At what age do you move your squad from a policy of everyone plays the same time, to pick the players to win?

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At some point in a player’s life they will have to face the harsh reality that the better players will play more football. The question is when?

I coach at under 7’s level, and rotation is definitely the ethos that I believe in for this age group. The benefits of this policy are many. Firstly, it promotes harmony and reduces conflict throughout the squad and feels fair to all concerned. It shows that the team is set up for the good of all, and not for the individual. You are unlikely to get negative hassle from parents complaining that their child isn’t getting enough game time, and most importantly, you are giving every player the same opportunity to develop.  If your primary motivation as a coach is to develop players for the long term, then I believe that this is the policy that best displays motivation.

The advantages of picking players to win the game are perhaps obvious. If you have a lethal finisher, or a beast of a tackler, it is understandable that in a tight situation you would want them on the field.  However, if they spend the entire match on the field it is in the place of another player and players develop through playing & training, not sitting on the bench. The gap between the players who are better and weaker is likely to grow, if the better players play more and the weaker players play less.

So if you agree with this so far, the question is at what age do you change the priority from development to winning?

The golden opportunity for development is up until the age of 11 in boys, as 95% of their neural pathways are set by that age. So does that mean that from 12 onwards the coach should focus on building winning teams, and concentrating on the better players? Is 12 the age that players should be moved into teams that match their ability level?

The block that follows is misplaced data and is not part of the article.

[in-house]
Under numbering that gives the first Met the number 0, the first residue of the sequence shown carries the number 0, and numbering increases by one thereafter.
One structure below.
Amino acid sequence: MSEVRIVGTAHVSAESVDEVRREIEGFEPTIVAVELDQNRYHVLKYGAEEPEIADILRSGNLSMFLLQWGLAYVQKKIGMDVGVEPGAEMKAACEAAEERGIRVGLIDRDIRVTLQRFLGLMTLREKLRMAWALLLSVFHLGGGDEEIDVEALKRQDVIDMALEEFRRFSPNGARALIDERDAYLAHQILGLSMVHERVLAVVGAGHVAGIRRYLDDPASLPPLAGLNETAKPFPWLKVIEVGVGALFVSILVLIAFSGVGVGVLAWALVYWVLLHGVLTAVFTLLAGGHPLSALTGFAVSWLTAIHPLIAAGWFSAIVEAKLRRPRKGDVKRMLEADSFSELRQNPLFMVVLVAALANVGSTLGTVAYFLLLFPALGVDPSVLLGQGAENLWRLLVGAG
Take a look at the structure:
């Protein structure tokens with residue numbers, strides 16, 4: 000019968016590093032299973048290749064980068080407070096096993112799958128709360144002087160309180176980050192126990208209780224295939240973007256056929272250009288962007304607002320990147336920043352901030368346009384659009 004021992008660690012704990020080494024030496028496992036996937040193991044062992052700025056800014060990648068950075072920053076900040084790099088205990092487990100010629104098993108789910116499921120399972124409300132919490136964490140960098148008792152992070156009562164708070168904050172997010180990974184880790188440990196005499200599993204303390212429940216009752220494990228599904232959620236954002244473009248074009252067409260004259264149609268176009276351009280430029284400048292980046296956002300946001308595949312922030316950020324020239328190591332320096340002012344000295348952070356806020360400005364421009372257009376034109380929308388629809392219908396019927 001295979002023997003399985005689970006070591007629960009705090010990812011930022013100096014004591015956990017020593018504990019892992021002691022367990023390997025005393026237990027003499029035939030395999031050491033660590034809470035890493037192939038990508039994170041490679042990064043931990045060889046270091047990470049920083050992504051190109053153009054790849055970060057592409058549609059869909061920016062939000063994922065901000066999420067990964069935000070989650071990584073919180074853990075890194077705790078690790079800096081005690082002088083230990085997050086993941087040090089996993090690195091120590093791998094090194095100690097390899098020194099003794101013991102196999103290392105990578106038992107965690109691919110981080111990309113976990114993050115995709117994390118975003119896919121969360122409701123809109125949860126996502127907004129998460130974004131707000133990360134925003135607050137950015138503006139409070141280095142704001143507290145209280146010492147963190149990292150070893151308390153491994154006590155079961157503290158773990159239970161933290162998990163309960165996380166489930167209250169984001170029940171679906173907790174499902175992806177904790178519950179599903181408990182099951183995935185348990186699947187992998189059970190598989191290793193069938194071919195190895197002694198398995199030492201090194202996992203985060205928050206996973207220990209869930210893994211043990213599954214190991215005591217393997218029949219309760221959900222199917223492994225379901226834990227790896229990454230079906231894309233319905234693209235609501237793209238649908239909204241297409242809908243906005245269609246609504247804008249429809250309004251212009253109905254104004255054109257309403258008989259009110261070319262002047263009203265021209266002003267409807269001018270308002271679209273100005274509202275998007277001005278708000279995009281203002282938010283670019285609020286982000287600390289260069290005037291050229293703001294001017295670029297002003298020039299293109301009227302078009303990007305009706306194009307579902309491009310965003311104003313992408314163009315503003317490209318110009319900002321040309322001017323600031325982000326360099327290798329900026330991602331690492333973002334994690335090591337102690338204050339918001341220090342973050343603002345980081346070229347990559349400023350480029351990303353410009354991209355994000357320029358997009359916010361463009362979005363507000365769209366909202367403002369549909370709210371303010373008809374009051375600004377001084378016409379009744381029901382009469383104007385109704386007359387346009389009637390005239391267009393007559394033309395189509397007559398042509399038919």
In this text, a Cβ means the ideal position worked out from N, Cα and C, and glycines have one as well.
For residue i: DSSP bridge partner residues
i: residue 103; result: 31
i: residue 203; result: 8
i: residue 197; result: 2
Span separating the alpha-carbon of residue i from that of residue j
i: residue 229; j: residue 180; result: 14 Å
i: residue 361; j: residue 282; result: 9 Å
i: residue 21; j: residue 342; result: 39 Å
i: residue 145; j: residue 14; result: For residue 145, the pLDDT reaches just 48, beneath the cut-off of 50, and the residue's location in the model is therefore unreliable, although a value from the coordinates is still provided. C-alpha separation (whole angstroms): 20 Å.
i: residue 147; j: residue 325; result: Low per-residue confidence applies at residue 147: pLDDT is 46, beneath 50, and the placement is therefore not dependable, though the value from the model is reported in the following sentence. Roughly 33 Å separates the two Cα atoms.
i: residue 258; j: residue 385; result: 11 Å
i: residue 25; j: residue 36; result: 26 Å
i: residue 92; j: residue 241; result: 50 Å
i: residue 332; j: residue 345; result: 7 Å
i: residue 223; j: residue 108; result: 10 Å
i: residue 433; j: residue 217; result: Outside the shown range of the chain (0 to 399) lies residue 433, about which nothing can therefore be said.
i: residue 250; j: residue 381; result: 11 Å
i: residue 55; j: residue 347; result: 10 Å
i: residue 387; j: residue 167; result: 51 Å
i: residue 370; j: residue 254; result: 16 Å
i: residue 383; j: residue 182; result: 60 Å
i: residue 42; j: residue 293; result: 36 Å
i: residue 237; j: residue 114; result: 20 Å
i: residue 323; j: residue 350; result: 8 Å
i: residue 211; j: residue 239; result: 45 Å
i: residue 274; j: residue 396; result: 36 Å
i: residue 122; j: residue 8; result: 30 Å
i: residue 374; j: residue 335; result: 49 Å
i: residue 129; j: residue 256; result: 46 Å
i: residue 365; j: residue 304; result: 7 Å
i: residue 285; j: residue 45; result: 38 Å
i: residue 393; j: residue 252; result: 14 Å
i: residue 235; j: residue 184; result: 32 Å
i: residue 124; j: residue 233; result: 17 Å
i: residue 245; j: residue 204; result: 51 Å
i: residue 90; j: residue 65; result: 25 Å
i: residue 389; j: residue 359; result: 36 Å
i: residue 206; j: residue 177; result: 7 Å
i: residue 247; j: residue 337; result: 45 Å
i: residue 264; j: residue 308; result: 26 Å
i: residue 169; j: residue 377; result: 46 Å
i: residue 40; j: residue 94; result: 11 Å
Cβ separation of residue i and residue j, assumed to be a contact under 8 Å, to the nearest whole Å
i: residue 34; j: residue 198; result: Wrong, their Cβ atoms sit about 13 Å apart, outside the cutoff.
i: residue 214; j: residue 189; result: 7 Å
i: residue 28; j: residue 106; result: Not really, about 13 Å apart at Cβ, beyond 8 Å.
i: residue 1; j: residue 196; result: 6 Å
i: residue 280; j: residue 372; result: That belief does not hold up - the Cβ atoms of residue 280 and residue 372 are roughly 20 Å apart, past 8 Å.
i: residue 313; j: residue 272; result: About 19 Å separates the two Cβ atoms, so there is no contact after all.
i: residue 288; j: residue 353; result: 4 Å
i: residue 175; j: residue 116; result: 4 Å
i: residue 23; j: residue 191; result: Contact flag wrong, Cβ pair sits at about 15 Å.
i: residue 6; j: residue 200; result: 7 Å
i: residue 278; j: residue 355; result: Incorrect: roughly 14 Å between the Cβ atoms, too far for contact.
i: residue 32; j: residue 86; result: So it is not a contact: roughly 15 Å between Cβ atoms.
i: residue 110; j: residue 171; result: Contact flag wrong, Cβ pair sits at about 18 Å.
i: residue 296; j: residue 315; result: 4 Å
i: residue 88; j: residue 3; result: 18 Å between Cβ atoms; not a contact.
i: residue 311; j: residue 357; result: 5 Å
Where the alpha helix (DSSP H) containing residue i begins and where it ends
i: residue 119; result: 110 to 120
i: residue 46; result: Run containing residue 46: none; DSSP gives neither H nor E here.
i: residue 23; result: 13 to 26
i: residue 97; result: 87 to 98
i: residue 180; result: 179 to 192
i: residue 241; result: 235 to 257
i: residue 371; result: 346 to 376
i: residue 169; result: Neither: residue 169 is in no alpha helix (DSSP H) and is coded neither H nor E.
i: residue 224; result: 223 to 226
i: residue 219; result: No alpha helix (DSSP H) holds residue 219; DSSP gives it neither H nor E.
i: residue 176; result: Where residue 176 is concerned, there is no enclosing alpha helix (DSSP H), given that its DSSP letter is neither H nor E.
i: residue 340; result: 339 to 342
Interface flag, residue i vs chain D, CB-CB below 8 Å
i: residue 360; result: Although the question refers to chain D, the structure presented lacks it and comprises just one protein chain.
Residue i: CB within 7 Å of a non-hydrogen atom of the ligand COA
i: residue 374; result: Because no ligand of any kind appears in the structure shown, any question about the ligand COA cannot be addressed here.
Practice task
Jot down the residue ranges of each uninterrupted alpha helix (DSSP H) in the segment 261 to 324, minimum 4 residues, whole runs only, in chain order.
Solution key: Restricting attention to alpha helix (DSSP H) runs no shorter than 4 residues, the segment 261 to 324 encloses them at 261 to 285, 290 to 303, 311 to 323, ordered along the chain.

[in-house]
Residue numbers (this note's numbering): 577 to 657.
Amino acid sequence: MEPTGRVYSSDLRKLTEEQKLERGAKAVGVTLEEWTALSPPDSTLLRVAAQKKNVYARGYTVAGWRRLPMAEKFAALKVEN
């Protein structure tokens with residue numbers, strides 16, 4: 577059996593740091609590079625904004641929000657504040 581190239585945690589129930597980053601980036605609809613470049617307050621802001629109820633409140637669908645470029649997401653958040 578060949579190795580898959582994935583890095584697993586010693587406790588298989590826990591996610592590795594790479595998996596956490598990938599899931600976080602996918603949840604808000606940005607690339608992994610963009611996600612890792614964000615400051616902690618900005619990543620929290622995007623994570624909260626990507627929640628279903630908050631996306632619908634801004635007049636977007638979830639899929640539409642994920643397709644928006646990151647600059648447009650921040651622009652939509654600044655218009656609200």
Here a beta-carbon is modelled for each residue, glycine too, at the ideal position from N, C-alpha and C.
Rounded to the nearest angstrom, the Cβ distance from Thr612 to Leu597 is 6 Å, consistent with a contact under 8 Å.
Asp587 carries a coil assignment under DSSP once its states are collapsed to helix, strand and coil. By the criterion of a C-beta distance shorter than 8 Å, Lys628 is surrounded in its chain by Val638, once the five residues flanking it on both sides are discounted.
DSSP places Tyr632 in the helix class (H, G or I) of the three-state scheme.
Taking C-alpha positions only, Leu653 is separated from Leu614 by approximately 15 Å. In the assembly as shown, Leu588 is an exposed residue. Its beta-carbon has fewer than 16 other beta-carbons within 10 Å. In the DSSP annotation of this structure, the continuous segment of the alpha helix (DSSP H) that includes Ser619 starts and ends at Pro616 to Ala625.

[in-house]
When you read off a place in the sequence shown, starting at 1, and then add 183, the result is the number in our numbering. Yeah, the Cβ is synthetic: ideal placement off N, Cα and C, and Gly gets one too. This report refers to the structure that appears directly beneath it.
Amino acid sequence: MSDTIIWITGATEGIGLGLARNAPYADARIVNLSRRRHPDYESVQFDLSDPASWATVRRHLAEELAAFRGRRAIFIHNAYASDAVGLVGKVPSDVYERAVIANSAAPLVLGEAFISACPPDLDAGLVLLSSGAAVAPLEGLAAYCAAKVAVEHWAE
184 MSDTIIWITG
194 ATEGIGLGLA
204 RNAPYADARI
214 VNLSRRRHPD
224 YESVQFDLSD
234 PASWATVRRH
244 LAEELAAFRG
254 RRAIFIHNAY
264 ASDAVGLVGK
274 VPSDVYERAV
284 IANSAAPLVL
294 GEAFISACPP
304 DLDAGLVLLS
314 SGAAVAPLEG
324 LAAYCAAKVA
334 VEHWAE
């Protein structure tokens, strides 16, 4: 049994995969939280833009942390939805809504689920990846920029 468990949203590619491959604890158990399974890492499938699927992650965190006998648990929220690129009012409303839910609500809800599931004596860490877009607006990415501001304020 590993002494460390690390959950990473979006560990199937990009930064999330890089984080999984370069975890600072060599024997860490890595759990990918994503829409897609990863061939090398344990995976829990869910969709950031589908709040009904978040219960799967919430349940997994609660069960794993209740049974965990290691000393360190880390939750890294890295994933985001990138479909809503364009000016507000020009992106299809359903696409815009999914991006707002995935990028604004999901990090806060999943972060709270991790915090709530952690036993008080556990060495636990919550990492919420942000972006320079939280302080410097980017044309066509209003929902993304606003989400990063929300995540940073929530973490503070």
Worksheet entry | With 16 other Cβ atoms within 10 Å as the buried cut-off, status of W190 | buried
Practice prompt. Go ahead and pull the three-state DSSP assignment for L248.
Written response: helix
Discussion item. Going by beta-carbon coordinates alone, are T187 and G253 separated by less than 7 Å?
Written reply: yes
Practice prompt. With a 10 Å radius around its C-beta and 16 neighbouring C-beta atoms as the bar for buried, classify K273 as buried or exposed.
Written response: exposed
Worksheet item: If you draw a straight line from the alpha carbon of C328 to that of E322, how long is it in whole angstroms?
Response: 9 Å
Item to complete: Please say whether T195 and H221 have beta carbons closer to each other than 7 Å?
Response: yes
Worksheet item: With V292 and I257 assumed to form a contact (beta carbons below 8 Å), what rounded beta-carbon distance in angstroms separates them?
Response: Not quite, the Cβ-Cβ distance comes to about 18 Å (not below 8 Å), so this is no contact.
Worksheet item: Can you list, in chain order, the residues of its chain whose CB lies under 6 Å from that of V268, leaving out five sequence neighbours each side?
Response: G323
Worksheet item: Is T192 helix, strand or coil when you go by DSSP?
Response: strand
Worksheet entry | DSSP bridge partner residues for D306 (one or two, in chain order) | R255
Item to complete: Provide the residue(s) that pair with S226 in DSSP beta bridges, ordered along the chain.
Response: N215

Personally, I think 12 still feels too young but I would love to hear the thoughts of other coaches on this subject! Players move to 11v11 football at U14 age, so maybe that is the right time?

Please write your thoughts in the comments.

 

 

Should coaches give players more time with the ball?

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While on an FA Youth Award course, I came across an interesting idea that makes an awful lot of sense to me.

It was apparently a strategy implemented by Dutch clubs such as Ajax, in which the youth players were given 10,000 touches of the ball every day in the belief that more touches would equal better mastery of the ball. You can read more about the Dutch way in a Guardian article here. It makes sense, although despite Malcolm Gladwell’s theory in Outliers about 10,000 hours being about the number of hours it takes to achieve mastery, I am not totally convinced on the number. What I am convinced about however is that the old adage ‘practice makes perfect’ is as true in football as it is in most walks of life, and so the more touches of the ball a player gets, the more likely they are to progress. I believe that if you give two identical players separate training opportunities, and the first gets 1,000 touches of the ball a week and the second gets 1,500 touches, the second player will progress more quickly.

Pretty obvious stuff really, but it does beg the question should the vast majority of the time you have with your players each week be with the ball?

I see and hear training sessions in which players queue in preparation to carry out a skill or game, and others in which running without the ball in encouraged. On the FA course I was on there was a youth coach from Chelsea who said he’d get shot if his bosses ever saw boys standing around, waiting. So thinking of the 10,000 touch rule at Ajax and the practice makes perfect rule of life, should we be making sure that more minutes in our training sessions are spend actively with the ball?

I’d be very interested to hear your thoughts below, either agreeing or disagreeing, which you can do by just adding a comment.

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Thanks for reading.